Despite being largest city (area, not population) in the United States, Jacksonville has a reputation for being just a bit nondescript. It was the host of the 2005 Super Bowl where it was lambasted by many writers and bloggers for its lack of amenities. While there may be some truth to this criticism, it’s also pretty unfair. No, Jacksonville is not New York or Paris but New York and Paris are already doing a great job of being New York and Paris. It’s a sunny, friendly place with beautiful beaches and Waffle Houses as far as the eye can see (stop reading right now if you are anti-waffle). If I had to describe Jacksonville in one word it would be: nice. Despite its shortcomings, once a year it becomes host to an estimated 150,000 tailgaters for a game that these guests really care about. My good buddy
Kyle Powell (of Backbar) and I flew down to see what people are so excited about and, more importantly, what they are drinking.
So what is cocktail culture in Jacksonville and at the World’s Largest Outdoor Cocktail Party? Kyle and I interviewed about 100 people ranging from bartenders to cab drivers to fraternity pledges asking them two simple questions: What is your favorite cocktail? Why? The answers differed slightly but the most frequent response was a bewildered look followed by a sheepish answer of “…beer?” Other popular answers included: whiskey ginger, jack and diet, rum and coke, and the occasional bloody mary. It quickly became apparent that this was a question that these revelers had not only never been asked before, but also something that they had never even considered. Out of all the people interviewed we probably got about four drinks that had more than two ingredients. The responses did not change all that much when we polled the local bartenders. The majority simply gave us the “can you stop talking and order a drink?” face before saying they just drink beer. We did, however, discover some bright spots including Melanie at the Mellow Mushroom who loves a cocktail of her own recipe that is made up of gin, elderflower liqueur, basil, and soda. So why no Last Words or Vieux Carres? It became very apparent that in Jacksonville, it’s not what you are drinking but why you are drinking. Very few people were interested in the balance of acid and sugar in their drink or whether they should use one or two dashes of bitters to bring the whole thing together. They want something light, smooth, and easy to drink so they can get in the proper mindset to have positive social interactions. They want a sweet mixer to match the sweet southern palate. They want to cover up the flavor of the booze so they can drink without worrying about having whiskey face in the pictures that are going to be posted on Facebook the next day. There isn’t a big cocktail scene in Jacksonville because people don’t really seem to be that interested. It’s capitalism.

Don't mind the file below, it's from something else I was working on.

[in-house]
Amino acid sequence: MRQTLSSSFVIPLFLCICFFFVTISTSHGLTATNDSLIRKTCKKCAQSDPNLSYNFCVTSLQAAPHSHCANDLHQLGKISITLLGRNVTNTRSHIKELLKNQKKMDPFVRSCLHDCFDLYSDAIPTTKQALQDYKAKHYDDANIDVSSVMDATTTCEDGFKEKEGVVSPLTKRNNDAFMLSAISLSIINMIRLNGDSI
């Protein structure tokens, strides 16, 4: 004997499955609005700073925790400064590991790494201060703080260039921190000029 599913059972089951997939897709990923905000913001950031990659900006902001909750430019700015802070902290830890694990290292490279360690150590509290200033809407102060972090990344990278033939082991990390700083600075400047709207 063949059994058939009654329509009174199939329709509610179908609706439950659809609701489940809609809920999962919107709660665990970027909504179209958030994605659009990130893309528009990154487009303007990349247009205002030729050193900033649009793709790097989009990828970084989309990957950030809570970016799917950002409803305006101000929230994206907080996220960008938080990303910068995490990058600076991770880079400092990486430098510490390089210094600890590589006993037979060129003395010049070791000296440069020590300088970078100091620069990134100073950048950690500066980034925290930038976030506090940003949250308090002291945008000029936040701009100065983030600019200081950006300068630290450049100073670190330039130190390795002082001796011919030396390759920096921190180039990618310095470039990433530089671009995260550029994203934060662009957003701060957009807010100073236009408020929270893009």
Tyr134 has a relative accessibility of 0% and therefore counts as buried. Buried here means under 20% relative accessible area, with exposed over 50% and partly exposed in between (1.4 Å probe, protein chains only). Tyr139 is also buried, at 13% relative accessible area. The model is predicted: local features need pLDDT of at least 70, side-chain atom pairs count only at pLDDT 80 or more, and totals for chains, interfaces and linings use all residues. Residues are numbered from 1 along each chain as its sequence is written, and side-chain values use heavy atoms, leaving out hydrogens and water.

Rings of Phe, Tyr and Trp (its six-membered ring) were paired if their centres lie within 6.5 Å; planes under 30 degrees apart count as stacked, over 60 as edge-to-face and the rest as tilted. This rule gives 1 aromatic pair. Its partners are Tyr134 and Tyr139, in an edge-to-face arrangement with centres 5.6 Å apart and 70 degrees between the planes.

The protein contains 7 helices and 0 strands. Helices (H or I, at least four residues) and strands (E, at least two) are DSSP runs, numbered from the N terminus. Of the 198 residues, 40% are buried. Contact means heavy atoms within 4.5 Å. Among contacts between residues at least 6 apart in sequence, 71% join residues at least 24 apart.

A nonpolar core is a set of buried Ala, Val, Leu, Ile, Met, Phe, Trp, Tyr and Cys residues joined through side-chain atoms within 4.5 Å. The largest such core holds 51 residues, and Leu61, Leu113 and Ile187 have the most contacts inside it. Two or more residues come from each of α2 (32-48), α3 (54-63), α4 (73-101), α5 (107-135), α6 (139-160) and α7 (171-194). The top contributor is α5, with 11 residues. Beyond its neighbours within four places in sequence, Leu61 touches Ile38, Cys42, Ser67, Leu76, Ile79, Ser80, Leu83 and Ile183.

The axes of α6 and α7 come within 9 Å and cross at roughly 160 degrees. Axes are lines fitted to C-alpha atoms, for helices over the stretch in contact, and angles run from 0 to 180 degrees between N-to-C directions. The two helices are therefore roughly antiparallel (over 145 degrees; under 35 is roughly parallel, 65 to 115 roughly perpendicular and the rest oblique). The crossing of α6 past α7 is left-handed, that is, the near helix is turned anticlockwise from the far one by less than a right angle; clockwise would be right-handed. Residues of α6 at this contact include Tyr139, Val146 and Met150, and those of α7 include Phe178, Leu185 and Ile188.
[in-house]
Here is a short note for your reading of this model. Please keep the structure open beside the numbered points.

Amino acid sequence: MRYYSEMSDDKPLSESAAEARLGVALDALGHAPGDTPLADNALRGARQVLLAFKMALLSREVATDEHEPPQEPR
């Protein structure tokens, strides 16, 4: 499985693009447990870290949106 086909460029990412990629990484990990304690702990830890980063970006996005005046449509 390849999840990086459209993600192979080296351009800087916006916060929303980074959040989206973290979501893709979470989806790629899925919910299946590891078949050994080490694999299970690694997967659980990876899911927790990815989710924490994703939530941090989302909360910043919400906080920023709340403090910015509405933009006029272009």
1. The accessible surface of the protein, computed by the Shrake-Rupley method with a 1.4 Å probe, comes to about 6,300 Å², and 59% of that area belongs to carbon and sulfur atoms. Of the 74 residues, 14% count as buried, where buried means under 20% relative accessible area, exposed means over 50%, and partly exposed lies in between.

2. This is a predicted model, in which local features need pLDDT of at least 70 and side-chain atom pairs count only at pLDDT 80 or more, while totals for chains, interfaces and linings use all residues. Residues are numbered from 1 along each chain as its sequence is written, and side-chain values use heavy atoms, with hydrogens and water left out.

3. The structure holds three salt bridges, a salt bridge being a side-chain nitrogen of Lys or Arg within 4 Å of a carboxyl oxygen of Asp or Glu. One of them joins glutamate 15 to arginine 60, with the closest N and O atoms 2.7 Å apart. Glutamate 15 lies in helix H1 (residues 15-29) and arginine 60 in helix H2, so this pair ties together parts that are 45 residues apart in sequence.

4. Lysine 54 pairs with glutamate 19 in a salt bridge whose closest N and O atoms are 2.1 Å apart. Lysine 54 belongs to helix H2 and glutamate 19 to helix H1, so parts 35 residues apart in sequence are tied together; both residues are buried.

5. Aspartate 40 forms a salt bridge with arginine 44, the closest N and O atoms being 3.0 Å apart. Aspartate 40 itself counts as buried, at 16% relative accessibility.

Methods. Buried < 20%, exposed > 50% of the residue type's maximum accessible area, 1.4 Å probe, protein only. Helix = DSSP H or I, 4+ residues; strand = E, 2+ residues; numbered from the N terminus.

We are very lucky to live in a city like Boston where you have so many great options when you want to sip a well-balanced libation that hits parts of your palate that you didn’t even know you had. As a history-centric place we love not only the flavors but also the story behind the ratios and ingredients. At the World’s Largest Outdoor Cocktail Party they are more interested in the communal activity. The girls can’t wait to throw on their cocktail dresses and the guys can’t wait to show off the new addition to their tailgate set up. Kyle and I had an unbelievable time meeting new people and talking about their experiences and ideas. We drank their cocktails, laughed at their jokes, and didn’t really care that no one had ever heard of a Ramos Gin Fizz. This Keystone will do just fine thanks. If you ever find yourself in Jacksonville you might not find the Louvre but you can definitely have a great time. I personally recommend going to see the lovely and talented Jenine at Rogue Bar and hospitality expert Paul at North Beach Fish Camp. They will definitely make you feel at home.